If you know you’re having sex with someone who is HIV positive (or you don’t know if they are or not), make sure you’re protecting yourself. You can do this two ways. Condoms act as a physical barrier against any of your partner’s fluid getting into your body. Truvada (often called Pre-Exposure Prophylaxis or PrEP for short) is a pill you can take every day to protect yourself against HIV. PrEP isn’t 100 percent effective but it’s in the high 90th percentile, which is pretty great.
If you happen to contract HIV, don’t freak out. Your life truly isn’t over — not by a long shot. It’s completely possible to live healthily with HIV, as long as you take your medication and support your body. The primary concern for people living with HIV is actually not medical — it’s the stigma.
Chlamydia is very common in humans with vaginas (particularly if you’re a young person), so it’s a good one to know about. This bacteria can live in vaginal fluid, semen, and precum. It’s very possible to have chlamydia and not know it — most people have no symptoms, in fact. If you do experience symptoms they can include more vaginal discharge than usual, vaginal itching and burning, pain during sex, and painful urination. Luckily, if you test positive for chlamydia, you can get it cleared right on up with antibiotics.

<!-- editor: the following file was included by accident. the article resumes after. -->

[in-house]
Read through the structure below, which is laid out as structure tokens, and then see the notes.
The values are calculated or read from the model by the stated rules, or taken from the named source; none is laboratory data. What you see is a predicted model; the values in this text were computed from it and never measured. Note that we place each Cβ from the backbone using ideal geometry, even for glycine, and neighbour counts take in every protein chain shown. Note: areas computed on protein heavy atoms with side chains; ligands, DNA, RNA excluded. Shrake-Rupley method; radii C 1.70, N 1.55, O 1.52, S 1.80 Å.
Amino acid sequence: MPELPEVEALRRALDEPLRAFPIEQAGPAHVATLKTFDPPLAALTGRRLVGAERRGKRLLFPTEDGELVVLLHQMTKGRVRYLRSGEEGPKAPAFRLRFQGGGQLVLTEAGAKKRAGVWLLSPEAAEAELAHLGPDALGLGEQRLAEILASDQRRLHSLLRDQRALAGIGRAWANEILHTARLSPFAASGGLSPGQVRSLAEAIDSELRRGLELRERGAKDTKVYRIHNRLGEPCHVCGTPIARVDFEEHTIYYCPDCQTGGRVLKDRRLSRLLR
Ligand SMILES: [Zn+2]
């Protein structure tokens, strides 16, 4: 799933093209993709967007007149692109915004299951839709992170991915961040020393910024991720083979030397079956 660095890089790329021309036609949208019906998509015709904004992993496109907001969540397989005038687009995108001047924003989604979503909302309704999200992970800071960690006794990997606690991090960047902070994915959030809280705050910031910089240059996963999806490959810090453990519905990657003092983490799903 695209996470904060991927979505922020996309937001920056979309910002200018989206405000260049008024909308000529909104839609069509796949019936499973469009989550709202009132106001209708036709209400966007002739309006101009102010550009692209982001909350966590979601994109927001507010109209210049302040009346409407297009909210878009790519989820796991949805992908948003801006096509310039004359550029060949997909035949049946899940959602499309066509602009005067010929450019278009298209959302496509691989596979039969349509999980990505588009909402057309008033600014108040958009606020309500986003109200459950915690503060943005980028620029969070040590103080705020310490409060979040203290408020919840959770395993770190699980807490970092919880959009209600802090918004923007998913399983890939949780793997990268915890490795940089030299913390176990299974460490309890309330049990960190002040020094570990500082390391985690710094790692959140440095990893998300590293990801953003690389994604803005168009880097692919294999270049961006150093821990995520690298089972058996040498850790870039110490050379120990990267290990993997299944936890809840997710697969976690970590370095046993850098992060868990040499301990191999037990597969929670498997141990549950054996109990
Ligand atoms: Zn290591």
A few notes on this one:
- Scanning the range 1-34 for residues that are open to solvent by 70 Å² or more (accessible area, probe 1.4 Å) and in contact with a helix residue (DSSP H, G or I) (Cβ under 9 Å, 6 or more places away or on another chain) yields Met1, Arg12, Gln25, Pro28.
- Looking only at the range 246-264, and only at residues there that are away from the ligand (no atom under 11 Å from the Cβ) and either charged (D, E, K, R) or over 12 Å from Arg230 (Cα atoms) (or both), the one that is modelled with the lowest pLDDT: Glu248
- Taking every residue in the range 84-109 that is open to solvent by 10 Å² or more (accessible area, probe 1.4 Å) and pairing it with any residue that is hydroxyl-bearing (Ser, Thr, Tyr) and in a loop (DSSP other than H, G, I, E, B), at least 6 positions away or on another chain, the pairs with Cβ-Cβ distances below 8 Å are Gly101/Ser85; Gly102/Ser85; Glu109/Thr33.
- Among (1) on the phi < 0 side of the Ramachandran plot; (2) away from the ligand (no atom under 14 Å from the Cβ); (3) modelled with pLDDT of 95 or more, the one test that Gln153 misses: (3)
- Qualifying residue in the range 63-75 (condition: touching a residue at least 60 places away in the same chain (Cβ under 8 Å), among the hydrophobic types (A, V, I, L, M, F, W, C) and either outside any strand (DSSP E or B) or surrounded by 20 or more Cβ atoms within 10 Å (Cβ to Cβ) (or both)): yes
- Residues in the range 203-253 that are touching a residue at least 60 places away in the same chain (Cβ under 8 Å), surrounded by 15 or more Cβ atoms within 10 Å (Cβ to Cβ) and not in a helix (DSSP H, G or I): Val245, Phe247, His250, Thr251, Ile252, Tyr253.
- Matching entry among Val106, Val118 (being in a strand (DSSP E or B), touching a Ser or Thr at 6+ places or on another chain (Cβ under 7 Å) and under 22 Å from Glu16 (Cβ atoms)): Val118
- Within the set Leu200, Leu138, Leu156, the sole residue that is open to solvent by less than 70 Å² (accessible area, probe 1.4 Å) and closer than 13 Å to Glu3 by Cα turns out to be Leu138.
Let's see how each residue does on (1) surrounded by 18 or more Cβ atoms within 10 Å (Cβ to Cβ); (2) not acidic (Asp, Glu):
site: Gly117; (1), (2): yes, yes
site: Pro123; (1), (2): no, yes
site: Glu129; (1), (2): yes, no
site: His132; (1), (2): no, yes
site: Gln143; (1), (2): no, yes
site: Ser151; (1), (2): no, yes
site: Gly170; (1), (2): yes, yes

Gonorrhea is another very common bacterial infection that can be transmitted through precum (as well as semen and vaginal fluid). And it’s another “silent” STD, as in you can have it and have no idea, because you’re asymptomatic. Symptoms you could get include yellow vaginal discharge, vaginal itching, burning, or redness, and pain when you pee or have sex. The good news is that if you have gonorrhea, you can get rid of it with antibiotics. The less good news is that some strains of gonorrhea have become resistant, which makes treatment more difficult if you happen to contract a resistant strain.
Hepatitis is a bloodborne virus that impacts your liver. There are multiple strains of hepatitis (specifically A, B, and C), all of which can severely impair your liver function, leading to illness and even death. Only Hepatitis B can be transmitted through precum (all types can be transmitted through semen, vaginal fluid, and blood).
If you get Hepatitis B, you’ll probably get symptoms about one-to-four months later. These can include abdominal or joint pain, fever, nausea, fatigue, weakness, dark pee, or jaundice, which is when your skin and eyes turn yellow. Unfortunately there’s no cure for Hepatitis B, although there is a vaccine. Luckily your body usually clears it within a few months. If you don’t get rid of it, you can take medication to slow down liver damage.
The Bottom Line
If you’re having sex with someone whose body makes precum, the only way to make absolutely sure it doesn’t get into your body is to use a condom.
It’s good to know that even that won’t be completely effective, because as you may know, even if you use condoms correctly every time you have sex, they are only 98 percent effective (because they can break or slip). And, since most people don't use condoms correctly every time, the typical use efficacy rate is actually 82 percent.
So what should you do? The reality is that no sex is 100 percent safe — what you can do is minimize your risk. One way of doing that is making sure that, as much as is possible, no fluids potentially carrying sperm or STDs can get into your body — and that means using condoms if you aren't fluid-bonded and on birth control.